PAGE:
The gene variants that control a tomato’s size have been found by UGA geneticists, who published their findings in the open-access journal PLOS Genetics.
Esther van der Knaap has spent much of her career working to understand the genetic shifts that occurred between ancestral, wild tomatoes and the modern, cultivated varieties that we eat today. Now, van der Knaap has helped to pinpoint a gene that regulates the size of the tomato’s individual cells, which in turn helps to regulate the size of the overall fruit.
“Knowledge of the gene will open up avenues of research into how fruit size can be increased further without negatively impacting other important qualities such as disease resistance and flavor,” said van der Knaap, a professor in UGA’s department of horticulture and Institute of Plant Breeding, Genetics and Genomics.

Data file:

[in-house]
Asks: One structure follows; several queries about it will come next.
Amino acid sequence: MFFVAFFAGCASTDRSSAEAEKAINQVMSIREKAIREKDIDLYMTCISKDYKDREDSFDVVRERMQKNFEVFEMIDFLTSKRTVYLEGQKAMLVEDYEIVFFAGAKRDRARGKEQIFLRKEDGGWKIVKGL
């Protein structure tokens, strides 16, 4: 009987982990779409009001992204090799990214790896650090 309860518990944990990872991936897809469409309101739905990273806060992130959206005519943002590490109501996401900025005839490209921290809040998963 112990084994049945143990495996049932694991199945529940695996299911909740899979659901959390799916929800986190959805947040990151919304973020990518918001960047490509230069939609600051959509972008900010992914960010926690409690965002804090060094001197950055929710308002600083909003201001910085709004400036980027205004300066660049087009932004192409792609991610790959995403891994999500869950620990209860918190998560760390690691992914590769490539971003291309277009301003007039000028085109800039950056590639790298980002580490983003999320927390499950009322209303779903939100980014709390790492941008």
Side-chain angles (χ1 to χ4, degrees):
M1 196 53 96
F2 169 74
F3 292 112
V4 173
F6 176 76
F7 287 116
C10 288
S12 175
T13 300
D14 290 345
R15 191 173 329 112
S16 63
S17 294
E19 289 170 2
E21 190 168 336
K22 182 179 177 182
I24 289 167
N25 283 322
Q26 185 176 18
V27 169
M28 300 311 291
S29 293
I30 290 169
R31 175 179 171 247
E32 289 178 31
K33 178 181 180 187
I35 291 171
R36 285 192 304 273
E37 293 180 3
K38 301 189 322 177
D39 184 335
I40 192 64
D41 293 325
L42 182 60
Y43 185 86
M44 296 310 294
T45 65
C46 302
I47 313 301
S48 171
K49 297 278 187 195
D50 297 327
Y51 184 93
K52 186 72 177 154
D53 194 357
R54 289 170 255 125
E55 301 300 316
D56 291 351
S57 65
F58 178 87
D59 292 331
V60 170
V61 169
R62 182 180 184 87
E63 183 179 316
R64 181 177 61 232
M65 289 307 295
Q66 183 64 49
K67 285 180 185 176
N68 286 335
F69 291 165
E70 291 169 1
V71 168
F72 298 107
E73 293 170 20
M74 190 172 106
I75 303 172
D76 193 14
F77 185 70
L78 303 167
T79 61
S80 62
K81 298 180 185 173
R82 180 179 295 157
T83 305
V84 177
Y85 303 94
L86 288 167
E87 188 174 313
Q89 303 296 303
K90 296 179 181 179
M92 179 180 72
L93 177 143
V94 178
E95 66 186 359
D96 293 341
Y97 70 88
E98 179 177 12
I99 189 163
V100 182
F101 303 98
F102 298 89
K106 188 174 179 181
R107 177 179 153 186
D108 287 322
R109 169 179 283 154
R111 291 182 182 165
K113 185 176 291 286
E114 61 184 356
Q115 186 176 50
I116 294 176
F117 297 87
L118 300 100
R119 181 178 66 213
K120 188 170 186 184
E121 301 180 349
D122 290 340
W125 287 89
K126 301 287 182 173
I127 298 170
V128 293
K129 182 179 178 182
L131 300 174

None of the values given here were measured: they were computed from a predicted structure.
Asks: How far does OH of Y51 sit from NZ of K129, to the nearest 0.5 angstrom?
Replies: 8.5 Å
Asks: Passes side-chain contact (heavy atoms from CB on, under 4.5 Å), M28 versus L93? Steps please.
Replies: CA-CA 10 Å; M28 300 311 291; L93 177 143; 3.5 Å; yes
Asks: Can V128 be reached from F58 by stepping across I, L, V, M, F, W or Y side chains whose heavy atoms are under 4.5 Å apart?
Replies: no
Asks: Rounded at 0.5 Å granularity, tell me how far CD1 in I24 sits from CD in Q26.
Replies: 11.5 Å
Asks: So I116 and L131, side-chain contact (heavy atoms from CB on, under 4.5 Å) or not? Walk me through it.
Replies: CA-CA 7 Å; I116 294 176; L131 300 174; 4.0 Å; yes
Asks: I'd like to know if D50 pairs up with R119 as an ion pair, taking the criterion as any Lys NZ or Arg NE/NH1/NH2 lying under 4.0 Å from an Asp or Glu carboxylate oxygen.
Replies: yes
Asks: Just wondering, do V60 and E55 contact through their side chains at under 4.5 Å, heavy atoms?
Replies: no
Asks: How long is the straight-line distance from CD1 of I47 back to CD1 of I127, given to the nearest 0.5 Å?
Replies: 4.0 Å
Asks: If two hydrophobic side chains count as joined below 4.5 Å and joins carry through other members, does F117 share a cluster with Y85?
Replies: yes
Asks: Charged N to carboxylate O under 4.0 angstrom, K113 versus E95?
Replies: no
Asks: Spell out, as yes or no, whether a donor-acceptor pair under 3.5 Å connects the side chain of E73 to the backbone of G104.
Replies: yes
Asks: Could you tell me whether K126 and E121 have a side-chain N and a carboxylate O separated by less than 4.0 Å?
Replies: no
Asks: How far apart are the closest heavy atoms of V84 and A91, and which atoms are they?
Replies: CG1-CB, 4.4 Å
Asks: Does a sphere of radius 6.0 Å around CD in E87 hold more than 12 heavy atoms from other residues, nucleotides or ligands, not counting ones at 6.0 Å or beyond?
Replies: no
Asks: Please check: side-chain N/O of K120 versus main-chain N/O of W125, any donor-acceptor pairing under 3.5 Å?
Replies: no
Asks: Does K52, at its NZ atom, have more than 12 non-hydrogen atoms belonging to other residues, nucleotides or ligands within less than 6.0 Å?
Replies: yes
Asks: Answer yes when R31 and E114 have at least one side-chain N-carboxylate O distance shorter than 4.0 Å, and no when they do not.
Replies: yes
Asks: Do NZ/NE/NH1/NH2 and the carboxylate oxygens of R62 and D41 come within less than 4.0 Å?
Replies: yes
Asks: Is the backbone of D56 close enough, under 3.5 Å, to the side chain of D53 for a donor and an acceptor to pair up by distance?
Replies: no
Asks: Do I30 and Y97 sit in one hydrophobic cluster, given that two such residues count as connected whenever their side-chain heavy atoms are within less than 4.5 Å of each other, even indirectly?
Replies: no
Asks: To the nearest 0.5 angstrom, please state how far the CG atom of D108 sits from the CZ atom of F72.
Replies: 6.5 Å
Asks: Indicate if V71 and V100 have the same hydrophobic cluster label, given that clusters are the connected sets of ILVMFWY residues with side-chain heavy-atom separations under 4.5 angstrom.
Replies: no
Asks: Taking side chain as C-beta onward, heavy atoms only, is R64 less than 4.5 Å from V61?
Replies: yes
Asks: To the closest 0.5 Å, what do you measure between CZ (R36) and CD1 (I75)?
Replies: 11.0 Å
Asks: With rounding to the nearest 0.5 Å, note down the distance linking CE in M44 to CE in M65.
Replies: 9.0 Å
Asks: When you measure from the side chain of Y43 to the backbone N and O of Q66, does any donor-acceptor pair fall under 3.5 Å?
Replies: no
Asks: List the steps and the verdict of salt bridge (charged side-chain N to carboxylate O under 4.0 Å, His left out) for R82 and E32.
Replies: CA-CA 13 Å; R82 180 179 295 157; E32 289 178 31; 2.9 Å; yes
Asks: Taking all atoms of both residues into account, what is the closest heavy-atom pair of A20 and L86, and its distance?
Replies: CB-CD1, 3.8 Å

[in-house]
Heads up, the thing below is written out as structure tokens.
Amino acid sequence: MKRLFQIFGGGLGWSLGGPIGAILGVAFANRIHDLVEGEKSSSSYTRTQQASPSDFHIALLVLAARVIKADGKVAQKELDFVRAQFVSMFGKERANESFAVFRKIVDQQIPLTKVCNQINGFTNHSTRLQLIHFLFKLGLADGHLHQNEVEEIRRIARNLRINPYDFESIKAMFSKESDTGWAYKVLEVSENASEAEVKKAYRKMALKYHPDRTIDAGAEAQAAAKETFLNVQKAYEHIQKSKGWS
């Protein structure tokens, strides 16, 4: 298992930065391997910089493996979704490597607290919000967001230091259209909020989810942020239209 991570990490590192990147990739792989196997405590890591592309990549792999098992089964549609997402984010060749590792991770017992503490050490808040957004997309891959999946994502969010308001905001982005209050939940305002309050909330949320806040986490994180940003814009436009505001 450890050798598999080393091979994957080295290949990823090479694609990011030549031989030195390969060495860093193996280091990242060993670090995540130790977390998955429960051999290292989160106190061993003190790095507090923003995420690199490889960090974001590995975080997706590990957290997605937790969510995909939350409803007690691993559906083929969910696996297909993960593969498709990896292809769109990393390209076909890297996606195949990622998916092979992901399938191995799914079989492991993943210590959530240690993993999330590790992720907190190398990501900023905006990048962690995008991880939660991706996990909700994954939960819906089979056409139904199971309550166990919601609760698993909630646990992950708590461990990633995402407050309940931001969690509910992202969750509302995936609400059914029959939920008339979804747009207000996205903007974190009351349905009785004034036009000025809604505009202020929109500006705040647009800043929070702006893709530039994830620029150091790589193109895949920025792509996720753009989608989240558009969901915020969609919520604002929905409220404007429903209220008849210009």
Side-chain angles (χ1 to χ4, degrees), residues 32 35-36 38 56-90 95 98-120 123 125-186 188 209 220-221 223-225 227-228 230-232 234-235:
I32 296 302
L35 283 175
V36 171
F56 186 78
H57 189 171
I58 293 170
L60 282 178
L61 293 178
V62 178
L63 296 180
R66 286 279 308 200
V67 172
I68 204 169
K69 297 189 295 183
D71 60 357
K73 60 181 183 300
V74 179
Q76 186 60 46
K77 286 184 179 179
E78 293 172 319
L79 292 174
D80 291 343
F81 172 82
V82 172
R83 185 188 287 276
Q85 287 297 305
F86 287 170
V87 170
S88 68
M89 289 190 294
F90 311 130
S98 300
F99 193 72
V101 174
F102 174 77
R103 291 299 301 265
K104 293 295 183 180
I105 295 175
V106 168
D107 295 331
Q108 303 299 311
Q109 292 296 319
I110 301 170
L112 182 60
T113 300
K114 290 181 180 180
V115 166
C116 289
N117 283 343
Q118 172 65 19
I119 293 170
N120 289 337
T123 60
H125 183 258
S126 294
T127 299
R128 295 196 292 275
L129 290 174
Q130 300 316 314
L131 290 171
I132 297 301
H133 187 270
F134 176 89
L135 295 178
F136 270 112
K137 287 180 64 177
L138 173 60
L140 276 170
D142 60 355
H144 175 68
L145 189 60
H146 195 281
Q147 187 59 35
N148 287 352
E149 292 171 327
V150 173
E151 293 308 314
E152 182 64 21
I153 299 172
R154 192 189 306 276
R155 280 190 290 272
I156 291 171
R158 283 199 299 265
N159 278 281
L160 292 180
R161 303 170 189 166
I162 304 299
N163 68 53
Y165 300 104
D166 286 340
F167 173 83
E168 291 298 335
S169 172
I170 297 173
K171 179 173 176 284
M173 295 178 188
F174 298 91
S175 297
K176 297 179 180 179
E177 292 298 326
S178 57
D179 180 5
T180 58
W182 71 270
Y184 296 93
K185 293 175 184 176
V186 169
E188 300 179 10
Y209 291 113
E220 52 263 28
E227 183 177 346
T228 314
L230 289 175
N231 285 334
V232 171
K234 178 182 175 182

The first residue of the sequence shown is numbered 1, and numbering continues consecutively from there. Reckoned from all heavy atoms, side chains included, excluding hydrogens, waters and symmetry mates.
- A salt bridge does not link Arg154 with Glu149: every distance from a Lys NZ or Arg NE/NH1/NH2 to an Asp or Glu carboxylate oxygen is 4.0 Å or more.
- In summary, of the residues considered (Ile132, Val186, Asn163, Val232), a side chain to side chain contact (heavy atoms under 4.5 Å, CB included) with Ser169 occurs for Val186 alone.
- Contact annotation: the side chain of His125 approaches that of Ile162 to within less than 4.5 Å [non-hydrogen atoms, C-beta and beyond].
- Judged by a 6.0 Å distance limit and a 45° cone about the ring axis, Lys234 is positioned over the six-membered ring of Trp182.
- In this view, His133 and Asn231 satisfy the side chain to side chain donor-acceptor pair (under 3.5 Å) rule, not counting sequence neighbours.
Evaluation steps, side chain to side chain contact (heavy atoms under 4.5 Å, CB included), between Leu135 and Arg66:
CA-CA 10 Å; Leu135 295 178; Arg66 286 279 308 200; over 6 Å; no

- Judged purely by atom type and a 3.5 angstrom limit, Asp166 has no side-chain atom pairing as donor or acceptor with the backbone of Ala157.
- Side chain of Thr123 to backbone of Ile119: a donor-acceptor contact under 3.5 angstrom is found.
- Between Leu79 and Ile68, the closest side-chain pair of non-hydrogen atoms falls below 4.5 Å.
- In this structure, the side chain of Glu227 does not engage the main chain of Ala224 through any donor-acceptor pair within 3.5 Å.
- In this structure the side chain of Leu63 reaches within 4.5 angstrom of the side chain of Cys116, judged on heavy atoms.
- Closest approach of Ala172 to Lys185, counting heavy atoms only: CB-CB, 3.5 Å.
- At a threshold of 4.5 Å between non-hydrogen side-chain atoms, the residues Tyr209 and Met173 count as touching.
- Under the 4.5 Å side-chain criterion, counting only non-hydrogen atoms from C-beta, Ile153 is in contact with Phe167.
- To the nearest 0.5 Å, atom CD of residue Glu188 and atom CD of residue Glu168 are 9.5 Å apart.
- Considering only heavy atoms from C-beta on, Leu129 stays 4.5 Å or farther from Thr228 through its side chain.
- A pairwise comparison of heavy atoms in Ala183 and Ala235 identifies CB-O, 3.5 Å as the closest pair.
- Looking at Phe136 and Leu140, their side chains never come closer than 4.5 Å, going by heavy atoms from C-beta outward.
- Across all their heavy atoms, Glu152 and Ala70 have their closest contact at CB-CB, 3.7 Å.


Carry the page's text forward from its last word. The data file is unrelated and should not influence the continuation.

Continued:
Van der Knaap and her colleagues investigated a gene they named Cell Size Regulator, or CSR, that increases fruit weight by enlarging the individual cells in the fleshy part of the tomato. Unlike wild tomatoes, domesticated varieties carry a mutation in the CSR gene that affects the way tomato cells develop before they ripen and fall off the plant.
The variation originated in the cherry tomato but now appears in all large cultivated tomato varieties.
This brief appeared in the fall 2017 issue of Research Magazine. The original press release is available at http://news.uga.edu/releases/article/taking-tomatoes-from-tiny-to-tremendous/.